Friday, December 01, 2017

Coventry - a place I love.

Dear DCMS,
I know that today you're being inundated with pictures and tags about this remarkable city. Here are some thoughts that have been brewing gently over 4 years now. Enjoy reading them - and reflecting on our city. We love it - and it is making an extraordinary journey from despondency to joy. You have the power to help us on the way to transformation...that's really special. I hope you'll fall in love with Coventry too 

Home for now. 
A phoenix city that has reinvented itself repeatedly through history - from weaving and dyeing, to ribbons, sewing machines, bicycles, cars...and latterly, students.
A city that, not long ago, seemed to have run out of energy and resources, losing its self-belief and with it, the ability to dream.
A city that people don't visit.
A city that defines itself over and against its neighbours
"Well, of course, we're not Birmingham!"

Four years ago, my experience of Advent was unlike other years. It was, more than ever, a time of preparation, but this year as well as all the busyness of parish life, the comings and goings of schools and community groups, the 24/7 carolling, I was also preparing, beneath the surface, to be interviewed for the post I now hold. At that point, I knew little of Coventry, though in common with many thousands of others I had visited with my parents in the 1960s, had reportedly sat myself firmly on the floor by the West Screens and said, with some indignation, "You never told me that God was so BIG".
As part of the interview I was asked to give a presentation about creating a reconciled and reconciling people - and instinct suggested to me, even then, that the Cathedral itself might need to seek reconciliation with its city. This is what i wrote then...

The Cathedral stands as living symbol of resurrection and healing through brokenness....and can offer a safe space to gather and hold individual and community stories, tales of a city destroyed, reborn, and travelling onward. Sometimes those stories will seem to point to differences that cannot be resolved, divisions almost beyond healing.
For all the joy and pride in the new Cathedral, the loss of its predecessor was a real blow for the city. The night of the blitz left scars even as the whole shape of the city was redrawn. Writing of the post-war redevelopment of Ladywood, not so very far away, the parish priest of St John's pointed out ““The heart of our community was destroyed. A living, corporate personality was crushed by the bulldozers” - and the impact was significant and lasting, for all the obvious local improvements. 
Similarly here the building that had evolved over generations to be a theatre of memory where the story of Jesus and the story of the city came together was replaced by an award-winning project not welcomed by all.
If stories were lost, or voices stifled, perhaps now is the time to hear them.

Perhaps too the remarkable ministry of international reconciliation you now represent, created a distance between the Cathedral and the city?  Do we need reconciliation at home as well as further afield?

I think I was onto something then - but I believe that  things are different now. 
Yes, for many our Cathedral is still defined above all by a moment in history and the challenging decision of Provost Howard, the morning after the night before, to write just two words on the wall of his ruined Cathedral's sanctuary. "Father forgive", he said, and in that moment plotted our course from then on, as a place where we don't talk of "them" and "us"....where we recognise that both destructive and creative habits lie within all of us...where we understand that whatever is happening in the world, the responsibility is shared. in choosing reconciliation over retribution, he established our DNA - but that has led us to places and encounters that I imagine he could not have dreamed of.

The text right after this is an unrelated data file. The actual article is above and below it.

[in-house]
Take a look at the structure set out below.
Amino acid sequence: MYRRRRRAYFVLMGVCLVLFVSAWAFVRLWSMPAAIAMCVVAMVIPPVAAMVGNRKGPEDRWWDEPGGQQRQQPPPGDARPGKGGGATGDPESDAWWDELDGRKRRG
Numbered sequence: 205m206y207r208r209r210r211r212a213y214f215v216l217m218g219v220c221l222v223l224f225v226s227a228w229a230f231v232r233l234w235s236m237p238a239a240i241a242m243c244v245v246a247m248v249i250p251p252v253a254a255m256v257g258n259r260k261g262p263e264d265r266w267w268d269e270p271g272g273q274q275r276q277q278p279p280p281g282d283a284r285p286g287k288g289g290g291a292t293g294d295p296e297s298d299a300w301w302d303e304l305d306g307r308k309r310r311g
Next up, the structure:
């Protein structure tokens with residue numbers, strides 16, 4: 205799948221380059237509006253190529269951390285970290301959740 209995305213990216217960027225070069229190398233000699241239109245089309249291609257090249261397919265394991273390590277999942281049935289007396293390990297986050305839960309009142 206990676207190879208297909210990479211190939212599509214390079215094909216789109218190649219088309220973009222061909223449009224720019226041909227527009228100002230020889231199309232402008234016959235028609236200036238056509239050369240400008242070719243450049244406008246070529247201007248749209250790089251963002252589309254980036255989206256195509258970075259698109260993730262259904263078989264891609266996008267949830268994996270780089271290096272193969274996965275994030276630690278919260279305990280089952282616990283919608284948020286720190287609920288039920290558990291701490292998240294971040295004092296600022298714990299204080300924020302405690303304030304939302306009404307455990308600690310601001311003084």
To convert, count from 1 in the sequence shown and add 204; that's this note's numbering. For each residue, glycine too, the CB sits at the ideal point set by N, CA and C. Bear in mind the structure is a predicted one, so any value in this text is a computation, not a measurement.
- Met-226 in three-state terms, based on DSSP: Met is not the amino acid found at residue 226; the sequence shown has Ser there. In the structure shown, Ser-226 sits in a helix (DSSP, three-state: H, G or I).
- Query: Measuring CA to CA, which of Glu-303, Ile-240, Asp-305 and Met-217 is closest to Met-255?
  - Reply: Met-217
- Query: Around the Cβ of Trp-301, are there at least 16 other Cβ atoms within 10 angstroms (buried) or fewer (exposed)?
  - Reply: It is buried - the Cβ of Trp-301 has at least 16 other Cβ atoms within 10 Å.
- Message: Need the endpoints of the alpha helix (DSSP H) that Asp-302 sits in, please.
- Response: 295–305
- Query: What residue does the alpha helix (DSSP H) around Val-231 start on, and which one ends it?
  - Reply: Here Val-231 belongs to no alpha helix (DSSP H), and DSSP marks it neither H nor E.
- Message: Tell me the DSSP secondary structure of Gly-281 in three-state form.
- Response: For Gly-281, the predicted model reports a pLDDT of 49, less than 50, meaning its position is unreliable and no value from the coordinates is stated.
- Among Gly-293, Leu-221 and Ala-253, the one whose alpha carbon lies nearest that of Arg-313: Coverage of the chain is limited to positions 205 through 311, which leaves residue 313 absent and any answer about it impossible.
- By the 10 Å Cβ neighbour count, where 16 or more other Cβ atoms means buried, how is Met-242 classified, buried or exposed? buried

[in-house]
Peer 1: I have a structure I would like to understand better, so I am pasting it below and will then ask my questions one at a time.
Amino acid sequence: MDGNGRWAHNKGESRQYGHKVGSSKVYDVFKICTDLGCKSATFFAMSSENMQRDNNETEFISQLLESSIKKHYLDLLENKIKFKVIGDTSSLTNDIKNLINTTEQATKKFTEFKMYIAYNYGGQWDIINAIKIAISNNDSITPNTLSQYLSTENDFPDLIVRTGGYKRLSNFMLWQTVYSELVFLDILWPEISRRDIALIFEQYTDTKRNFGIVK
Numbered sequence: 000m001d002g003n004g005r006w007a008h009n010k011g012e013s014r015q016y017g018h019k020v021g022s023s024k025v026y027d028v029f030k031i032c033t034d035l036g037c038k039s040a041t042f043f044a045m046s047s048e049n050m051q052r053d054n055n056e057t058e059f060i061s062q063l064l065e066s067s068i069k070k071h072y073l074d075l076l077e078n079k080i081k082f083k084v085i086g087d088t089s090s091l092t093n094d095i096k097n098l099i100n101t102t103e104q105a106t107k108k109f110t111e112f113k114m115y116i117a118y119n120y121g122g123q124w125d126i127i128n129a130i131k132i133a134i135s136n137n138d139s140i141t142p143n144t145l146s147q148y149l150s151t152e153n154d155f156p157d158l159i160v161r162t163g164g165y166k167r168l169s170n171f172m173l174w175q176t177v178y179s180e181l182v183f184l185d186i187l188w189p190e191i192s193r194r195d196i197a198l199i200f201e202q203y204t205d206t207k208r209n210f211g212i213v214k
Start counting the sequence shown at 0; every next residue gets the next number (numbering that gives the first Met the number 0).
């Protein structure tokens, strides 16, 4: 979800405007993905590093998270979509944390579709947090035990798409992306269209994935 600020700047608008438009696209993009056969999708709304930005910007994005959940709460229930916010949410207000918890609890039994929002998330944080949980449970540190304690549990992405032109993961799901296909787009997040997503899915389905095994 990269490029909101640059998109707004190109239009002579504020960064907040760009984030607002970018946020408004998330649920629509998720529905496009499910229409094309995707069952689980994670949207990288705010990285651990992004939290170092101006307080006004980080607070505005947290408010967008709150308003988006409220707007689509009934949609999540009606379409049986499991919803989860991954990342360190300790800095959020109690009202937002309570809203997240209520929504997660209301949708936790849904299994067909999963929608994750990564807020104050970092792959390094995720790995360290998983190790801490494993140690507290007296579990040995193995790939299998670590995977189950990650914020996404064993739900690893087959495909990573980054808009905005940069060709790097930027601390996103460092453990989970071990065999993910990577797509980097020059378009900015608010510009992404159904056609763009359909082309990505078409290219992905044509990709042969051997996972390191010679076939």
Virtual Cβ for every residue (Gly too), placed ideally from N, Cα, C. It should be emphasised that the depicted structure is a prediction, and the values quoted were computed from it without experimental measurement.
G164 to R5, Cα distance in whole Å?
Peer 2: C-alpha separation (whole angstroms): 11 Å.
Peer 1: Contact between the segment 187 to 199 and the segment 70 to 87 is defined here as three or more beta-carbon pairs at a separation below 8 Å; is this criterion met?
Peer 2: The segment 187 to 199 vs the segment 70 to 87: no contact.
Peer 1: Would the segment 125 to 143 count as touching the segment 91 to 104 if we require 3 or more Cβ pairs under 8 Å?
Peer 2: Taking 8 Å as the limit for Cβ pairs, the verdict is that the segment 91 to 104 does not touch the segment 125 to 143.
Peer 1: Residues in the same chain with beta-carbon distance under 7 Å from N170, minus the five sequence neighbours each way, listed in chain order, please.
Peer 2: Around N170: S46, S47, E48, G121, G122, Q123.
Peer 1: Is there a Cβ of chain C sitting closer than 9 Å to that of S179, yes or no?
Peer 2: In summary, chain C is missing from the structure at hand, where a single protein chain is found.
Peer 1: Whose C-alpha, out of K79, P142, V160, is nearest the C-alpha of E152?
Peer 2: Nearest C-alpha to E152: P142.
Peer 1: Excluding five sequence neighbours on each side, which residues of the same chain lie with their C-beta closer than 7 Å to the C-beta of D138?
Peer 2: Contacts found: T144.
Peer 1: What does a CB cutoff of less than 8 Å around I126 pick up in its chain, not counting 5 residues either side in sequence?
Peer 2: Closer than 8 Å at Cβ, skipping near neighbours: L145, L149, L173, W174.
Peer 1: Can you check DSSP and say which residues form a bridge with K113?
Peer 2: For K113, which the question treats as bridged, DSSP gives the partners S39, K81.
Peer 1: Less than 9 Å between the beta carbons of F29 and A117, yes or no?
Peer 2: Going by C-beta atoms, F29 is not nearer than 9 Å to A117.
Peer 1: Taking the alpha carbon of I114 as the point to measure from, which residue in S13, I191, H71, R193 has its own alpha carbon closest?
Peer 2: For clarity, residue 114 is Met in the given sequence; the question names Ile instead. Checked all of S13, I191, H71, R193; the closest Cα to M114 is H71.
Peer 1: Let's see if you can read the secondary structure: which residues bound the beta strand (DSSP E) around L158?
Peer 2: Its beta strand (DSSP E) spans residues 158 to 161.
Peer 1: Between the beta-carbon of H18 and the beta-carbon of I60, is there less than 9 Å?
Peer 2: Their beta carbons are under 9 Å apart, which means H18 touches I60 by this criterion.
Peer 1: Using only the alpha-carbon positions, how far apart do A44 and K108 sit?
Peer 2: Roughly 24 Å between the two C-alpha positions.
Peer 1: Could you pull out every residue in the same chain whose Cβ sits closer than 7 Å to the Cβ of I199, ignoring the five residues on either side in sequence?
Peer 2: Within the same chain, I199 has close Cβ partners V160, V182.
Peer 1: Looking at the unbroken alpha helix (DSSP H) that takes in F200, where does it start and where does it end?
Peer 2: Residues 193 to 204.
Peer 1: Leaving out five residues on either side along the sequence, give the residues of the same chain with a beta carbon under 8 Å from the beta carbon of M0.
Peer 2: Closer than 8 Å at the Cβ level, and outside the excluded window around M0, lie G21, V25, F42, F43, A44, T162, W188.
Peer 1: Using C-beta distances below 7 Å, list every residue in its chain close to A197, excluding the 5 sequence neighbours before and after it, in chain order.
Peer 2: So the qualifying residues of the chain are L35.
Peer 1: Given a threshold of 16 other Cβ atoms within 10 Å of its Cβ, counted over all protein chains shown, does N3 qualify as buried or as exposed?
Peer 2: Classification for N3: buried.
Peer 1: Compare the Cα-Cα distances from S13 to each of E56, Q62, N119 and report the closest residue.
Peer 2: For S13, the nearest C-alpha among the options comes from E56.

Our reconciliation story is as powerful now as it ever was, and we continue to lean on the power of the past to build peace for the future....but there is more afoot. 
With a culture of openness and welcome that tries to reflect God's unconditional welcome of each one of us, with a programme of worship and events that is wide-ranging and sometimes challenging, with strong friendships with our neighbours at the University next door and the leaders of the city across faith, cultural and political divides, we are doing all that we can to be a space for all. I love the city and the Cathedral's place in it and look forward to working with our neighbours and partners to nurture the seeds of hope til they flourish and grow to make our city beautiful again.

Sunday, November 12, 2017

Bible Sunday: an extraordinary gift

Today is Bible Sunday…when we are invited to focus afresh on the gift that is Scripture. And there’s a particular power in celebrating that gift today, Reformation Sunday, when we look back 500 years at the moment when an obscure German monk and academic began something that was to shake the world, as he nailed a document to the door of a small German church.
At the time, nobody could have foreseen what would follow, but the reverberations of Martin Luther’s hammer were to be felt across the Church, and across the world. The Protestant Reformation altered nations, shaped politics, provoked wars, and led to innovations in science, industry, economics, and medicine. It gave us Bach chorales and the Protestant work ethic, but so much more, the Reformation provided a much-needed corrective to a Church that had lost its way amid its own excesses, and, by placing the Bible in the hands of anyone who wanted to read it, gave ordinary baptized Christians the responsibility for their own faith.
Sola Scriptura was the cry then– Scripture alone. This was to be the single authority from which Christians were to work out their own salvation, in fear and trembling. They were no longer to outsource their theology to priestly experts, but to read God’s word for themselves...and to allow it to change them.